AM: There were probably about seven or so microbreweries in Victoria when I started, of which four are now gone. We’ve now got over 100, so obviously the industry has expanded like crazy. But, at the same time, the general knowledge and education of beer drinkers is higher.
Craft beer was a bit more of a novelty when I started out, but now people expect to be able to go into a venue and have a range of beers at their disposal.
How do you think it will change in the next few years?
AM: We’ve still got room for growth to satisfy the demand that’s out there; breweries can still grow into new markets and really prosper. What’ll eventually happen is we’ll see a slowdown in the number of craft breweries forming. We can’t get to a point where every man, woman and child has their own craft brewery. We’ll start seeing more buyouts as well, I’m sure.
Since I started there have also been breweries who survived only by the skin of their teeth, and now that the pressure is on and the competition is there, they’ve had to really take a look at what they’re offering and step it up. Breweries now simply have to make better beer. It’s got to be more consistent, stable, and a higher quality product. That’s only going to become more important.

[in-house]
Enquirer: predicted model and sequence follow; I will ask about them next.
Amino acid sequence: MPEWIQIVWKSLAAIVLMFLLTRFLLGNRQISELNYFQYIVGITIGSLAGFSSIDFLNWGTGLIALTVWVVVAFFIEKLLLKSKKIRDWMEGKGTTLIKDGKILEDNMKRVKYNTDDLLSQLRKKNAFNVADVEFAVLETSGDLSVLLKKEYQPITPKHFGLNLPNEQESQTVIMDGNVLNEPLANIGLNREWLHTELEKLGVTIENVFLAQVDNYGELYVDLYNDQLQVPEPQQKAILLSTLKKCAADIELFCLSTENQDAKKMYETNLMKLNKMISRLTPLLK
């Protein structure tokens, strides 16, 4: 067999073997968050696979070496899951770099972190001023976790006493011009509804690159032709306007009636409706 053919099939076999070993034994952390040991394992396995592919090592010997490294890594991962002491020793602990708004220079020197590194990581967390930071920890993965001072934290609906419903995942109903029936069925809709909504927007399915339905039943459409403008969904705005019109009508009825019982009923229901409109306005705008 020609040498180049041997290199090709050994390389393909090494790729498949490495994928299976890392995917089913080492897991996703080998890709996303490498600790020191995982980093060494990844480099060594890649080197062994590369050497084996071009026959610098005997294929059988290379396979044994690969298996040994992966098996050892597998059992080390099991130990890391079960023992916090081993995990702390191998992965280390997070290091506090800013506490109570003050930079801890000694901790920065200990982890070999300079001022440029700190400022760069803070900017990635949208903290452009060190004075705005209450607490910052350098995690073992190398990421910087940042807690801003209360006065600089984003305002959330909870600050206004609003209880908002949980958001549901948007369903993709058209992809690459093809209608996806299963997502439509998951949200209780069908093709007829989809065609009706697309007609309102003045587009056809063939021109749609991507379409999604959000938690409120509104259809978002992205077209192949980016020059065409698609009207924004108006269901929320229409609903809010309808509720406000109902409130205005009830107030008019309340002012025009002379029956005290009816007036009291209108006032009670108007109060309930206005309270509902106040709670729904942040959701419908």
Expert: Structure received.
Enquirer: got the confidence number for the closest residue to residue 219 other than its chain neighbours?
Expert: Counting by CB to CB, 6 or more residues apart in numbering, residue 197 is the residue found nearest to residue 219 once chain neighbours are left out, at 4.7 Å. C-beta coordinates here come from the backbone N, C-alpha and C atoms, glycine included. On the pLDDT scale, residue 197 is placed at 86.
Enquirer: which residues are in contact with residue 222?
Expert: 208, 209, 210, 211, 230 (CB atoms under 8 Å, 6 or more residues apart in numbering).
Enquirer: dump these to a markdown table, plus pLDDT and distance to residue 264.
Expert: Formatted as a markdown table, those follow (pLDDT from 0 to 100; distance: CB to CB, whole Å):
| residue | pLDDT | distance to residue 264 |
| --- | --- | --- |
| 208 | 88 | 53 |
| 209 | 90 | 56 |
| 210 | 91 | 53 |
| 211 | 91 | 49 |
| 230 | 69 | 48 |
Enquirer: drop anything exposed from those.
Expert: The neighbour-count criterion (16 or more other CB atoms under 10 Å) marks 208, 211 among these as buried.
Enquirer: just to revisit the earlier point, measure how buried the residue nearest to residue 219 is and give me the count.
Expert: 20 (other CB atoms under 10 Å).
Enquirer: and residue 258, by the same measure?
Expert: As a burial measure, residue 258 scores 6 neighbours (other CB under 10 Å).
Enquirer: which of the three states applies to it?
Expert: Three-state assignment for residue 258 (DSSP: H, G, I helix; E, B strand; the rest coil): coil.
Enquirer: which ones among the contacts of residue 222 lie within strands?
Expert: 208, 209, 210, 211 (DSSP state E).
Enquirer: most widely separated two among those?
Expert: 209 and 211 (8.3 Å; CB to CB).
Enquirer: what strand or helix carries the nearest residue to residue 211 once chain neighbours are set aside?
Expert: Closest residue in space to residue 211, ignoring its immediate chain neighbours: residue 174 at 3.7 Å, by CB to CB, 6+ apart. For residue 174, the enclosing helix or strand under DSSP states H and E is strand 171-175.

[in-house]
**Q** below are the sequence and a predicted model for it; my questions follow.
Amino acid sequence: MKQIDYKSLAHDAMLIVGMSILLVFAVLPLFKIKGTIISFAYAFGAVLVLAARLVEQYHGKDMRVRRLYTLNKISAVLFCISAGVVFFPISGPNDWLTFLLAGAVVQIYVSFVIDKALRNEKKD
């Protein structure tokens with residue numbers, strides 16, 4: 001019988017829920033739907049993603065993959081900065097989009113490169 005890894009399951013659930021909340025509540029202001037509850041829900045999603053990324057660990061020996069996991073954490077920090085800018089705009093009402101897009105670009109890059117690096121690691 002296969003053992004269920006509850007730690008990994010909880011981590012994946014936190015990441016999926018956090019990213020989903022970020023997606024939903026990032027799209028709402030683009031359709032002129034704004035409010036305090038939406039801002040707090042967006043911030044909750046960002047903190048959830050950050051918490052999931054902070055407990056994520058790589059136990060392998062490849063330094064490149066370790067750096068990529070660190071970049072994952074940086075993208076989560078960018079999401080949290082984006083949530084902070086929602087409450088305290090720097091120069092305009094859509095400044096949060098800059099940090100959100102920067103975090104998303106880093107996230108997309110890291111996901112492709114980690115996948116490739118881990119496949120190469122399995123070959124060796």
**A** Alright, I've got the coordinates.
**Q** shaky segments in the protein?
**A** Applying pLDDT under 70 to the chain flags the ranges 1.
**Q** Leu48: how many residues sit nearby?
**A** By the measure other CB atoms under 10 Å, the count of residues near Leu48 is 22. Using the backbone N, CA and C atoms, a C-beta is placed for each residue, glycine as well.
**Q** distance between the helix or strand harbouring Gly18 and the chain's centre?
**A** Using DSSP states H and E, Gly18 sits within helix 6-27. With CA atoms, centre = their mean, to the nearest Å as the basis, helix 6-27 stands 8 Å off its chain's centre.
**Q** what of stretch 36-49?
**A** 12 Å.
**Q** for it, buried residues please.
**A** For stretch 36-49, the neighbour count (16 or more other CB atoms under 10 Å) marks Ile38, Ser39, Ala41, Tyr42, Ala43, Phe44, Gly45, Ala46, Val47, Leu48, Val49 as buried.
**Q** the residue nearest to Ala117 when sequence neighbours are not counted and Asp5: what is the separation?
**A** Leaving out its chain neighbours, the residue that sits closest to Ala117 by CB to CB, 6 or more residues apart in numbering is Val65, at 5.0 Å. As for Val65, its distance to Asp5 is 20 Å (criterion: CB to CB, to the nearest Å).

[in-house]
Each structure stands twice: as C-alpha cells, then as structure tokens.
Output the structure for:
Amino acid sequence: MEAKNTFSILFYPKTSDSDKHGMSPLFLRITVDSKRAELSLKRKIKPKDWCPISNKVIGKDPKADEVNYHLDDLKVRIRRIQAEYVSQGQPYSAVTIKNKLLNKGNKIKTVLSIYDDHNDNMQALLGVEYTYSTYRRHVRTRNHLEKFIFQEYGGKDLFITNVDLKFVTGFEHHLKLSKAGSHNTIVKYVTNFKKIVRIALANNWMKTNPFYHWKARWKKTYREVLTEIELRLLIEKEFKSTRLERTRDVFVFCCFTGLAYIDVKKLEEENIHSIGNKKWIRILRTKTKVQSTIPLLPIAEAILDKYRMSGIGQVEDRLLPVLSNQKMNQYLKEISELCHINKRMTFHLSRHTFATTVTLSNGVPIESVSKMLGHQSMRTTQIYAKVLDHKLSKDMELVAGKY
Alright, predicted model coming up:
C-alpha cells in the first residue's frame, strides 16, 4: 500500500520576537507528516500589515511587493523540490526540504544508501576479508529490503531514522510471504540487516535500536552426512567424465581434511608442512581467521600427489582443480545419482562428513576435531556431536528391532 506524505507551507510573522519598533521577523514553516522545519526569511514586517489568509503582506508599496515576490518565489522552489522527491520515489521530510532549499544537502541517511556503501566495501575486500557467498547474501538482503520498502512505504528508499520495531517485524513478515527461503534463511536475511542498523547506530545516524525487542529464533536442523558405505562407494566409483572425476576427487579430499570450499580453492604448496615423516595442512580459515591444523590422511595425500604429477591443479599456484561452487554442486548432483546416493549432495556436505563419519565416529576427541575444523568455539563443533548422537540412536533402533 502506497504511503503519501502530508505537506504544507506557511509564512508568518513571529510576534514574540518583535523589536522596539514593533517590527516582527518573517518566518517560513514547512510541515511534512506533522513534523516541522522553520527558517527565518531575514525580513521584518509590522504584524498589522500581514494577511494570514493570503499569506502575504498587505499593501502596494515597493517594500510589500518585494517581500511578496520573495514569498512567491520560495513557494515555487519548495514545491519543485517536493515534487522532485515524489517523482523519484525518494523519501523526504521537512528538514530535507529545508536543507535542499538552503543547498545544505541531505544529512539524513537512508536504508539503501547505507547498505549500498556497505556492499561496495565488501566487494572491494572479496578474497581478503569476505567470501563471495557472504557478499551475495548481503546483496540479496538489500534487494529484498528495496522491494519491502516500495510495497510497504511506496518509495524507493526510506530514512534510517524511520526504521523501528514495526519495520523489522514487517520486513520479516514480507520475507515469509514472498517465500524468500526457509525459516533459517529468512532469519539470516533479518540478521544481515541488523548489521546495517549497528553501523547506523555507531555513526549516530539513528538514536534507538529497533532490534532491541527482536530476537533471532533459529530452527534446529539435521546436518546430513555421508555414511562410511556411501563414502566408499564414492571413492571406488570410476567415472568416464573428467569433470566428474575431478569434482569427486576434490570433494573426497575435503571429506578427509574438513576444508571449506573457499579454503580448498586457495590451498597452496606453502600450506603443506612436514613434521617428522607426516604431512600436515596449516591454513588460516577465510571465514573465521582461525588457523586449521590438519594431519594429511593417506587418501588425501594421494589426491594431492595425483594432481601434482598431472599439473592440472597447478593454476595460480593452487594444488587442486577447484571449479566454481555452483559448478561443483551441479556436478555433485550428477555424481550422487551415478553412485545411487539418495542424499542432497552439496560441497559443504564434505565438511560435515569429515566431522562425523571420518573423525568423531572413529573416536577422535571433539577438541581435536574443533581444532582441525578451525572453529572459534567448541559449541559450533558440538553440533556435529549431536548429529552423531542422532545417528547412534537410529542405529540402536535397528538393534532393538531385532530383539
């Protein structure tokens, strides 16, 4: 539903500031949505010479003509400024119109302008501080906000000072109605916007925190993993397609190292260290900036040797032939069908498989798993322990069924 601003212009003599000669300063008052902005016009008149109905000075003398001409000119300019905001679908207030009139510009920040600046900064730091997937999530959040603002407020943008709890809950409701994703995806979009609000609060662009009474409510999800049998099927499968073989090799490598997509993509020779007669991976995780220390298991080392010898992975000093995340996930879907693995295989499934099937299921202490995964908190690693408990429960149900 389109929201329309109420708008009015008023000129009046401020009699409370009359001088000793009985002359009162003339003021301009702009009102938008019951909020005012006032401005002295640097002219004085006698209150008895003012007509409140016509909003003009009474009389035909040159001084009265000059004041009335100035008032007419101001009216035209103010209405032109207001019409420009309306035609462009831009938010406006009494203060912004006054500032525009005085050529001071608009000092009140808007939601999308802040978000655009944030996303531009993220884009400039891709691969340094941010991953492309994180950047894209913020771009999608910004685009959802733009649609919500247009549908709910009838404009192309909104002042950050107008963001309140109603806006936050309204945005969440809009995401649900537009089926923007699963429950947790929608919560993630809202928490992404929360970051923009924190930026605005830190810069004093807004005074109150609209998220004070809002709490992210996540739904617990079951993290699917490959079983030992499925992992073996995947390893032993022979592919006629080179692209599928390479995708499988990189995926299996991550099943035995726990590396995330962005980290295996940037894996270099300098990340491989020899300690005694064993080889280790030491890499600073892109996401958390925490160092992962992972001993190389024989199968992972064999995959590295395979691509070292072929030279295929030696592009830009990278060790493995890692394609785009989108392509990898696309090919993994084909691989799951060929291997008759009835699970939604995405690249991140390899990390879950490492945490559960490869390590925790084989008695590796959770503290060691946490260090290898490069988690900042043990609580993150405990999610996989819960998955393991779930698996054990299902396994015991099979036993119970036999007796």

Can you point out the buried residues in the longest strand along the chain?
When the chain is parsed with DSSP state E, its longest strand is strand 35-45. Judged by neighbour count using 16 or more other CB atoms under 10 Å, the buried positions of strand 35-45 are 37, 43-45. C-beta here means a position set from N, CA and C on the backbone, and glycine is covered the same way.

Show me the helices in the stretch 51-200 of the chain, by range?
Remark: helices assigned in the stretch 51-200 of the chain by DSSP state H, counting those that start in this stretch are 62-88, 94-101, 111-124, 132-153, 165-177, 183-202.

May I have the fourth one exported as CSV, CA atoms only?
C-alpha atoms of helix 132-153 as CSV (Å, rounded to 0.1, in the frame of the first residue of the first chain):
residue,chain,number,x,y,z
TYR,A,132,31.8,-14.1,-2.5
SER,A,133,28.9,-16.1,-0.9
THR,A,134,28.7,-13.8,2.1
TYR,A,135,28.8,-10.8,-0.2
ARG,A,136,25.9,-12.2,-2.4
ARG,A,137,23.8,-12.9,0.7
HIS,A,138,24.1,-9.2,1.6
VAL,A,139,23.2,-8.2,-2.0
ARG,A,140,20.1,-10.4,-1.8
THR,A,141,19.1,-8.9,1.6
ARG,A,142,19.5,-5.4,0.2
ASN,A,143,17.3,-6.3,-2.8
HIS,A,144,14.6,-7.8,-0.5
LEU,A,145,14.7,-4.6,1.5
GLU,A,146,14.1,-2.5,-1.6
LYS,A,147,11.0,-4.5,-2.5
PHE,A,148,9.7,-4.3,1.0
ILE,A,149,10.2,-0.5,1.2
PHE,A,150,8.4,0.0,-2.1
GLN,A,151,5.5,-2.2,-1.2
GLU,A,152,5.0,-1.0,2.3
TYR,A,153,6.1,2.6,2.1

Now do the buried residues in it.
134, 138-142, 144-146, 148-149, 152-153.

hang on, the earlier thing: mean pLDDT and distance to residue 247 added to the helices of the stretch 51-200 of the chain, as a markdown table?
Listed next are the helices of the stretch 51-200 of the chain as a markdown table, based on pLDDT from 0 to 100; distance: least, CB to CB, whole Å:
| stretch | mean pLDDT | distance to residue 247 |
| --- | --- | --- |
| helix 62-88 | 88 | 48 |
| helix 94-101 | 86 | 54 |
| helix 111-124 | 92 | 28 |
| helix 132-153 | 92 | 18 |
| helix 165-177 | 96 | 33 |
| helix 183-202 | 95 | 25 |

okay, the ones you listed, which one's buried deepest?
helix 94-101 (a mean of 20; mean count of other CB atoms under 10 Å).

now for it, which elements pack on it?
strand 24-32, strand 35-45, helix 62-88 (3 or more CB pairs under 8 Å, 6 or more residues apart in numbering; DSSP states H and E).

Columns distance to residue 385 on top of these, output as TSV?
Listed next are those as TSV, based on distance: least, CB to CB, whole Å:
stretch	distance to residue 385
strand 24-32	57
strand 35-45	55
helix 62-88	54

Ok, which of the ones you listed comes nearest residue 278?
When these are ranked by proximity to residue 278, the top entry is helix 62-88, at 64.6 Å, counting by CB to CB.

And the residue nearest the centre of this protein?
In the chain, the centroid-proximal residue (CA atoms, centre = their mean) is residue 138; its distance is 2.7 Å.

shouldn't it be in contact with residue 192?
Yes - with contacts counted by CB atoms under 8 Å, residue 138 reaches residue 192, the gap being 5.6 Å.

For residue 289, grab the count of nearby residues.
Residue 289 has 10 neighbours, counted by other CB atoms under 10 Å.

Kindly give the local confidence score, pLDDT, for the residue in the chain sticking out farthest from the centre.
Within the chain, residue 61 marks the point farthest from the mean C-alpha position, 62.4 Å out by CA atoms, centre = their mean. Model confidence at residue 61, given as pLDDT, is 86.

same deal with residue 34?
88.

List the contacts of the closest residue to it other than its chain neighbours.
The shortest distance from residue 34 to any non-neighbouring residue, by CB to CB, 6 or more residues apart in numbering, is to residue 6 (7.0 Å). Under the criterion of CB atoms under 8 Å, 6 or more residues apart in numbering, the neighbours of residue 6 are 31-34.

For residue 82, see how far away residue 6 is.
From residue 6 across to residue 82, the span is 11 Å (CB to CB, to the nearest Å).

Thanks for your time and insights, Adrian. If you're reading this article close to publication date and see Jukebox Hero on tap, chances are it will be the batch brewed while Kerry was on hand to help (or get in the way) while preparing this article. Update: the batch won the Victorian IPA Showdown at the Terminus!
While it's true that life from brewery to brewery will differ, there should be plenty in what Adrian, with multiple breweries and a few trophies behind him, has to say of benefit to those considering life as a brewer.